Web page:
auxiliary + main verb ➝ auxiliary:
He says he has finished, but I don’t think he has. (not … he
has finished.)



auxiliary + auxiliary + main verb ➝ auxiliary (+ auxiliary):
I hadn’t been invited, but my sister had. or … my sister had
been. (but not … my sister had been invited.)







auxiliary + auxiliary + auxiliary + main verb ➝ auxiliary
(+ auxiliary) + (auxiliary):
A: We could have been arrested.
B: Yes, we could or Yes, we could have or Yes, we could have
been. (but not … Yes, we could have been arrested.)
(do) + main verb ➝ do:
David goes running every morning, and I do, too.
A: I didn’t take her bike.
B: Nobody said you did.
be (= auxiliary / main verb) ➝ be or modal + be:
A: The cat’s asleep in the kitchen.
B: It usually is.
A: Ann’s late again.
B: She said she might be. (or informally … she might.)

it + verb + object + that clause: dawn on, hit, strike (all
meaning ‘occur to’); and also the verbs listed above for the
pattern it + verb + object + to-infinitive clause.

2 Verbs used in the following reporting patterns
with introductory it as subject:


4 Common omissions and changes to verbs in
order to avoid repeating words in a previous
clause or sentence:


it + verb + to-infinitive clause: not do, help, hurt, pay



it + passive verb + that clause: agree, allege, announce,
assume, believe, calculate, claim, consider, decide, demonstrate,
discover, establish, estimate, expect, feel, find, hope, intend,
know, mention, plan, propose, recommend, reveal, say, show,
suggest, suppose, think, understand (but not: encourage,
inform, persuade, reassure, remind, tell, warn)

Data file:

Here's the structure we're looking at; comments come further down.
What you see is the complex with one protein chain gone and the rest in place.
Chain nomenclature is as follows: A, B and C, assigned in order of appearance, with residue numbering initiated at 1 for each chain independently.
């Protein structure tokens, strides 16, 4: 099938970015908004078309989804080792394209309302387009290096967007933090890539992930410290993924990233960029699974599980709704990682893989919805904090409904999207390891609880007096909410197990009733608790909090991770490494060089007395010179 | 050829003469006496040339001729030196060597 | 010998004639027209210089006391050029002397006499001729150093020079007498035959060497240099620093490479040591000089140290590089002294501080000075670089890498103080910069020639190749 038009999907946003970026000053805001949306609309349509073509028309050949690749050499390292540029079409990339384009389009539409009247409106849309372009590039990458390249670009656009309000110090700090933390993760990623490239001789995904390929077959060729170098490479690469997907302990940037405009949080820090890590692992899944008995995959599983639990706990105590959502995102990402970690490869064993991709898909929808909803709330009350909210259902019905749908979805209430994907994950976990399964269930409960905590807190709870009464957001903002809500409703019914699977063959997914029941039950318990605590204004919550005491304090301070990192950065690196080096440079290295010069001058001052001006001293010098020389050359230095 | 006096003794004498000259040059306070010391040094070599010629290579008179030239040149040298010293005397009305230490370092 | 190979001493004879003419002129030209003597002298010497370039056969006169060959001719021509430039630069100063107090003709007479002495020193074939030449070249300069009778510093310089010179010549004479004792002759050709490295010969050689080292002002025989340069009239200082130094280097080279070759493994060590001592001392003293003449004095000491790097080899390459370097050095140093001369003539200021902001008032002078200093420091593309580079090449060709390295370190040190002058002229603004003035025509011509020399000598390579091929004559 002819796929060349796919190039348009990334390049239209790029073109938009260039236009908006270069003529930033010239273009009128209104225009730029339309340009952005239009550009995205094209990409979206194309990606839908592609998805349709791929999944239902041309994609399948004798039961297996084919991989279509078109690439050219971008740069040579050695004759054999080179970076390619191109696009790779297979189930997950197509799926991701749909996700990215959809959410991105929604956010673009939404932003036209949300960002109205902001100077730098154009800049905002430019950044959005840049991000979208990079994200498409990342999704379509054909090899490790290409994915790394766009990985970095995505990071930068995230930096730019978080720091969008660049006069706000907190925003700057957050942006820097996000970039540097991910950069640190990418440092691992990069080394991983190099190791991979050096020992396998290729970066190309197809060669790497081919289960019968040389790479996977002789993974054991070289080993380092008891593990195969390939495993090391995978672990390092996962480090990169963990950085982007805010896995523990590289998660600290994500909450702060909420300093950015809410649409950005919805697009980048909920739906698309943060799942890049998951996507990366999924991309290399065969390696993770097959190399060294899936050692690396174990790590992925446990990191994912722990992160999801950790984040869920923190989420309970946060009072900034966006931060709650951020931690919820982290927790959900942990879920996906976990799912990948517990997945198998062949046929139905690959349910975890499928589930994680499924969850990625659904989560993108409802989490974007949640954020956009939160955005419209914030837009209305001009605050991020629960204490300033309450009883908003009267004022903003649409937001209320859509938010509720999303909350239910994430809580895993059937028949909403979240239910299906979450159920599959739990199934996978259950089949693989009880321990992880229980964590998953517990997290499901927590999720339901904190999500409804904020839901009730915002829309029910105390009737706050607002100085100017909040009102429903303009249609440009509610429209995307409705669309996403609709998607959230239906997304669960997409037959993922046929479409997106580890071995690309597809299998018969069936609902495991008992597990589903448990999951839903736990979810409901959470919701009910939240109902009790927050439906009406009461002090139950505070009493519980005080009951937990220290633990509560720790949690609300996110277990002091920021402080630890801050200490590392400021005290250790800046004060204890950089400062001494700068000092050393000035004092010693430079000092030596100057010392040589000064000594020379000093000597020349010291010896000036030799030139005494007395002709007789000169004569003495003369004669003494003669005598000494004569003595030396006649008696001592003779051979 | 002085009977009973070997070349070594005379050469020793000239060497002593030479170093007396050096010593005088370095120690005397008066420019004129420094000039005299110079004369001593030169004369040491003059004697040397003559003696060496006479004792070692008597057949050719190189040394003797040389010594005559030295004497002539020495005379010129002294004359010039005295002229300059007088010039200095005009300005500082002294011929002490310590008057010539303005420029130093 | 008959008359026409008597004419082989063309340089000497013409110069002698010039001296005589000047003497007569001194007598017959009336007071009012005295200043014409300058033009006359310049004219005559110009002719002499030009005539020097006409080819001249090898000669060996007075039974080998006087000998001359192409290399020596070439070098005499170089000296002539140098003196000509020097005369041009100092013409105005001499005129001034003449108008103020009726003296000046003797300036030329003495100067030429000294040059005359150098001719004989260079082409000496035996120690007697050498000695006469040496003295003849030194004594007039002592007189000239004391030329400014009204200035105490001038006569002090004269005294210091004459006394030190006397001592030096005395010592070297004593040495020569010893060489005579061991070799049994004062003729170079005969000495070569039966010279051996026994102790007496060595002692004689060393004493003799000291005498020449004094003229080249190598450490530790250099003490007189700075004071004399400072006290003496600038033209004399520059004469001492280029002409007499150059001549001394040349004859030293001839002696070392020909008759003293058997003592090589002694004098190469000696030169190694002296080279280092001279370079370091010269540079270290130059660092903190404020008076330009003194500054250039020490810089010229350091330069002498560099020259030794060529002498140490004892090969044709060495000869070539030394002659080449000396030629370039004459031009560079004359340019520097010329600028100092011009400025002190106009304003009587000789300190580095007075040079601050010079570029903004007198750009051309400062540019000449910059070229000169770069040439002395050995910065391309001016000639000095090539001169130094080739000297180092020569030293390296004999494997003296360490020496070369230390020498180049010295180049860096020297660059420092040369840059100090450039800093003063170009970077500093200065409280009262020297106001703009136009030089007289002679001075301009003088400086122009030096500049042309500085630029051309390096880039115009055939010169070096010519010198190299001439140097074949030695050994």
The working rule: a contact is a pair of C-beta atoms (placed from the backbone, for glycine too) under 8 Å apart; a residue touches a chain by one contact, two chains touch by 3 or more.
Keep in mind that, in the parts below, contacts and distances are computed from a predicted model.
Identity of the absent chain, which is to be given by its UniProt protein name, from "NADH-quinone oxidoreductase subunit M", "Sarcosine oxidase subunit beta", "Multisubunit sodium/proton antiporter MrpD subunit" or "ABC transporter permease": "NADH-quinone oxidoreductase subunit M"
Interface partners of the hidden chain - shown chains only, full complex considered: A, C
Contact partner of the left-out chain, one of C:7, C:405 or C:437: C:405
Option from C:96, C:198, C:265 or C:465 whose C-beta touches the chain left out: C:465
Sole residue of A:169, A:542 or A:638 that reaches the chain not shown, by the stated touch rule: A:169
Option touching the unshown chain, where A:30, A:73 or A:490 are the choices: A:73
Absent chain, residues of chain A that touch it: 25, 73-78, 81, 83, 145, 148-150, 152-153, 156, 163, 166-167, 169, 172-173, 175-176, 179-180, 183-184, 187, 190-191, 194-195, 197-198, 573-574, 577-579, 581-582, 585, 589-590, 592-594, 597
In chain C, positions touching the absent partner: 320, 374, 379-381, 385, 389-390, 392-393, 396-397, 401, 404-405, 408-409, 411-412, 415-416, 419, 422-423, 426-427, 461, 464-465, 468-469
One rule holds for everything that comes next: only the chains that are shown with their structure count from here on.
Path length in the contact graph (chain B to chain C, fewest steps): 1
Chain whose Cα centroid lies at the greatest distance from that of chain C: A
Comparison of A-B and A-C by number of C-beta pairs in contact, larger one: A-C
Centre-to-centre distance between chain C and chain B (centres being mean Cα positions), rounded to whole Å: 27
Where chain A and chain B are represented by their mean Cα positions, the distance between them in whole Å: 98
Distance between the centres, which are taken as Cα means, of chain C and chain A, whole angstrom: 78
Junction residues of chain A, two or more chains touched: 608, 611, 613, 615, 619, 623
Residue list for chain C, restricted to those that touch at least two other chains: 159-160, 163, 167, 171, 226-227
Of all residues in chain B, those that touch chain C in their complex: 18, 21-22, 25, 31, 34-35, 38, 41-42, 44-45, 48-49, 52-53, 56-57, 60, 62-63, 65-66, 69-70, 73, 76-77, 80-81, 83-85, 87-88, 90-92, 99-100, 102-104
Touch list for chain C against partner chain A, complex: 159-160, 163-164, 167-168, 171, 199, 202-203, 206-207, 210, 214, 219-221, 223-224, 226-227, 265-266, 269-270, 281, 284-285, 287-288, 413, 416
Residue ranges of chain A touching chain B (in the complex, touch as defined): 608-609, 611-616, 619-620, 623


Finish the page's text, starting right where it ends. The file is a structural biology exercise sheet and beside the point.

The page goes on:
it + passive verb + wh-clause: discover, establish, explain, find,
know, reveal, show, understand
These verbs can also be used in the pattern it + passive verb +
that clause.

3 Verbs used in the following patterns with
introductory it as object:


verb + it + that, if or wh-clause: can’t bear, can’t stand, hate,
like, love, resent



verb + it + if or wh-clause: dislike, enjoy, prefer, understand



verb + (it) + that clause: accept, admit, deny, guarantee,
mention



verb + it + adjective + that, wh- or to-infinitive clause: believe,
consider, feel, find (= discover from experience), make, think



verb + it + as + adjective + that, if or when-clause: accept,
regard, see, take (= interpret something in a particular way),
view
Many other verbs that can be followed by a that, wh-, if, or
to-infinitive clause are not used with introductory it as object:
argue, discover, emphasise, notice, predict, recall, remember.

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Unit 24: Complex prepositions

Unit 24: Verb + preposition –
common patterns